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Easy factoring problem

  1. Jan 25, 2007 #1
    how to factor (x+3)^3

    maybe foil after factoring?

    thanks for any help.
  2. jcsd
  3. Jan 25, 2007 #2


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    Huh? It's already factored.
  4. Jan 25, 2007 #3
    hmm, maybe i used the wrong terminolgy, i want to take it apart, is that possible?

    is (x+3)^3 the same as (x+3)(x+3)^2
  5. Jan 25, 2007 #4


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    Ah, you want to expand it. (There are other synonyms too)

    Yes, those two are the same; that's essentially the definition of raising something to the third power.

    Factoring is the process where, for example, you start with

    x^2 + 4x + 3

    and end up with

    Last edited: Jan 25, 2007
  6. Jan 26, 2007 #5
    okay so to fully expand (x+3)^3

    could i just take the foil of (x+3)^2 and then multiply by (x+3) again?

    if so, i'm unsure how to multiply the x+3 and the foiled polynomial
  7. Jan 26, 2007 #6
    (a+b)^2 = a^2 + 2ab + b^2
    (a+b)^3 = a^3 + 3a^2b + 3ab^2 + b^3

    There's a really easy trick to finding these. Expanding expressions of the form (x+y)^n can be done as follows:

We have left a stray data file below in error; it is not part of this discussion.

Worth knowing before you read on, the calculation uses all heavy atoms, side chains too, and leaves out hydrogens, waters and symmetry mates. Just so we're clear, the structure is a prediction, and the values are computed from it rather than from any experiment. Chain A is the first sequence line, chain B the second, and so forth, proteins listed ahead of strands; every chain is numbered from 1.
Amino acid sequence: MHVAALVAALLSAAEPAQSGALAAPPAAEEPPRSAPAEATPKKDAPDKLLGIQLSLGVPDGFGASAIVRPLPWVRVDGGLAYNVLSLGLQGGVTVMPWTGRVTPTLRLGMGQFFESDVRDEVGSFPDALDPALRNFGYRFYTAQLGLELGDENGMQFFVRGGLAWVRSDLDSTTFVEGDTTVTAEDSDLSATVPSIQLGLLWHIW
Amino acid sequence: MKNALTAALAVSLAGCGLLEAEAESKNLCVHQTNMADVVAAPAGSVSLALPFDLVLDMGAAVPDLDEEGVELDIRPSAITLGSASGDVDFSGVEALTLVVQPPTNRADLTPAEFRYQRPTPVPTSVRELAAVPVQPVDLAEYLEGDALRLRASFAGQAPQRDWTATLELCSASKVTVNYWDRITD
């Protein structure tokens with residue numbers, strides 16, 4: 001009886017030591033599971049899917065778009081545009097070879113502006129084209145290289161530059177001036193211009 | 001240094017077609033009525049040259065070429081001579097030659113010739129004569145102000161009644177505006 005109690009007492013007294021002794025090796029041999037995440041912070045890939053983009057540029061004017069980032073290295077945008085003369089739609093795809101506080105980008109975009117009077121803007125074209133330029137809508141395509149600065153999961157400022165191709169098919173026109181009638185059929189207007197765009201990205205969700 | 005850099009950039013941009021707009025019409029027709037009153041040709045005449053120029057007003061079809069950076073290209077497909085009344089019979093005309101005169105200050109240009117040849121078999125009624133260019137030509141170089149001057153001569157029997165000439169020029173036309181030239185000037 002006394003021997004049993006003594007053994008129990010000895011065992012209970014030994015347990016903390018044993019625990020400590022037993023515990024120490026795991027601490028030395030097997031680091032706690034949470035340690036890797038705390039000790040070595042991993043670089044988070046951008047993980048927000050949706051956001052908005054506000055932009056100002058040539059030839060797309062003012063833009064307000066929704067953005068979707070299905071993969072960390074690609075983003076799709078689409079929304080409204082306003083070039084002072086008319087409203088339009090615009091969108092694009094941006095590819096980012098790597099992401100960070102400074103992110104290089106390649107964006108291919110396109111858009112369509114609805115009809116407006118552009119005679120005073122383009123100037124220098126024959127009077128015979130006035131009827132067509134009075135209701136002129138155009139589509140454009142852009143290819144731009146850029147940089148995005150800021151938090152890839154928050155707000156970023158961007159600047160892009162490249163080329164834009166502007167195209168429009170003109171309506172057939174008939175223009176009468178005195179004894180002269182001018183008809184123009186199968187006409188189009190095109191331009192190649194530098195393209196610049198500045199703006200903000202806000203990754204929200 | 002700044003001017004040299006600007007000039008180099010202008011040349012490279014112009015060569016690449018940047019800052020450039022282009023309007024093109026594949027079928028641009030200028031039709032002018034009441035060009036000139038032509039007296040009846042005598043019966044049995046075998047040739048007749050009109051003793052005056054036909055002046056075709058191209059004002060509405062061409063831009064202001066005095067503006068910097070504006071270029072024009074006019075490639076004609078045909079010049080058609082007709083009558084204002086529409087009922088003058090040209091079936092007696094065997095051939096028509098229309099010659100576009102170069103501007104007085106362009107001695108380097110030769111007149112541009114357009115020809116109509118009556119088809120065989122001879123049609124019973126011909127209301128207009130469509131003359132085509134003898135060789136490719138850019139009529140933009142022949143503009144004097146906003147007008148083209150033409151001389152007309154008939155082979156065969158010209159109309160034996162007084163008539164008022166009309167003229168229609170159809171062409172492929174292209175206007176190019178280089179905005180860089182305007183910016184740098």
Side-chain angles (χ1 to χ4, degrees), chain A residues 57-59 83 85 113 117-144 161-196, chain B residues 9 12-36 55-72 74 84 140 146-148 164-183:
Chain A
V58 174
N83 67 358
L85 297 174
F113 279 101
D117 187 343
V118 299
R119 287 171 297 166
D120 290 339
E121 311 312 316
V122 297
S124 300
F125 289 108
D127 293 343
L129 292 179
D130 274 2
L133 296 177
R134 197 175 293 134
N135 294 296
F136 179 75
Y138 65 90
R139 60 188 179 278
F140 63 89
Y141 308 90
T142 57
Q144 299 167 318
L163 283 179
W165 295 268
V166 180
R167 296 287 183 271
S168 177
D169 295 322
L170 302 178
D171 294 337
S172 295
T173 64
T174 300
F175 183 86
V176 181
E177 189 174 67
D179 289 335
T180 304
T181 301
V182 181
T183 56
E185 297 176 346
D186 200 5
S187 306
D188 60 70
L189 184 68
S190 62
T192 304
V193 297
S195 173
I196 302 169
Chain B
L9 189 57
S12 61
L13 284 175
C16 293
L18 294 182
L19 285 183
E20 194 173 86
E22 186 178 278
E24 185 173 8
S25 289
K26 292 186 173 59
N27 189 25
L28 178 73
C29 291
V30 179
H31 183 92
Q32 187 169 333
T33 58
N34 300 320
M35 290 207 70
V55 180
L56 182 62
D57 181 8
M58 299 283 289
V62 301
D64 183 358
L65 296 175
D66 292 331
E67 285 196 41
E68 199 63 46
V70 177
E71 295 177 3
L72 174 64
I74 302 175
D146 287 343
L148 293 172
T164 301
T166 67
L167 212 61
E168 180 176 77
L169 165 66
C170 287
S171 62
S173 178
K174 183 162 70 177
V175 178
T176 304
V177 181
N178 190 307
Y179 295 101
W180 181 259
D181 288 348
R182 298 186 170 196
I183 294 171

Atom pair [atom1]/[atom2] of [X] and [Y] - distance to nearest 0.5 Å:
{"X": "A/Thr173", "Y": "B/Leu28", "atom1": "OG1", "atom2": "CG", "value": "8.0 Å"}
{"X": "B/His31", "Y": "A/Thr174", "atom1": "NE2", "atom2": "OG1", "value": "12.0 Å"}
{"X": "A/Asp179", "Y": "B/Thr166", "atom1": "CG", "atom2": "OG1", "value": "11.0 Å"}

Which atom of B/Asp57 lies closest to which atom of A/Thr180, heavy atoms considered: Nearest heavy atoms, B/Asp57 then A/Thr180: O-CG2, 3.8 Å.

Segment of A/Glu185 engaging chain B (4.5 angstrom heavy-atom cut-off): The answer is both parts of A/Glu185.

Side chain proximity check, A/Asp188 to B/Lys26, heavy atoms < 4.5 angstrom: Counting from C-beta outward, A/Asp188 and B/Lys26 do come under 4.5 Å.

First write x^n. The coefficient of the next term is equal to the current coefficient multiplied by the current exponent of x, and divided by the term number. For the coefficient of the second term, this is 1 * n / 1 = n. Decrease the exponent of x by 1, and increase the exponent of y by 1. Repeat this process until you get to y^n.

    If they are of the form (x-y)^n, the signs just alternate. If you're unsure, use the property that a - b = a + (-b).

    Hope that helps!
  8. Jan 31, 2007 #7


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    "Foil" is just a way of remembering that you must multiply each term in one factor by each term in the other.

    Using "foil" on (x+3)(x+3) give x2+ 3x+ 3x+ 9= x2+ 6x+ 9. Now to multiply that by x+3 again, first multiply each part by x: x(x2+ 6x+ 9)= x3+ 6x2+ 9x, then multiply each part by 3: 3(x2+ 6x+ 9)= 3x2+ 18x+ 27, and finally add: x3+ 6x2+ 9x+ 3x2+ 18x+ 27= x3+ 9x2+ 27x+ 27.

    This is not "abstract algebra"- I'm moving it to "General Math".
    Last edited by a moderator: Jan 31, 2007
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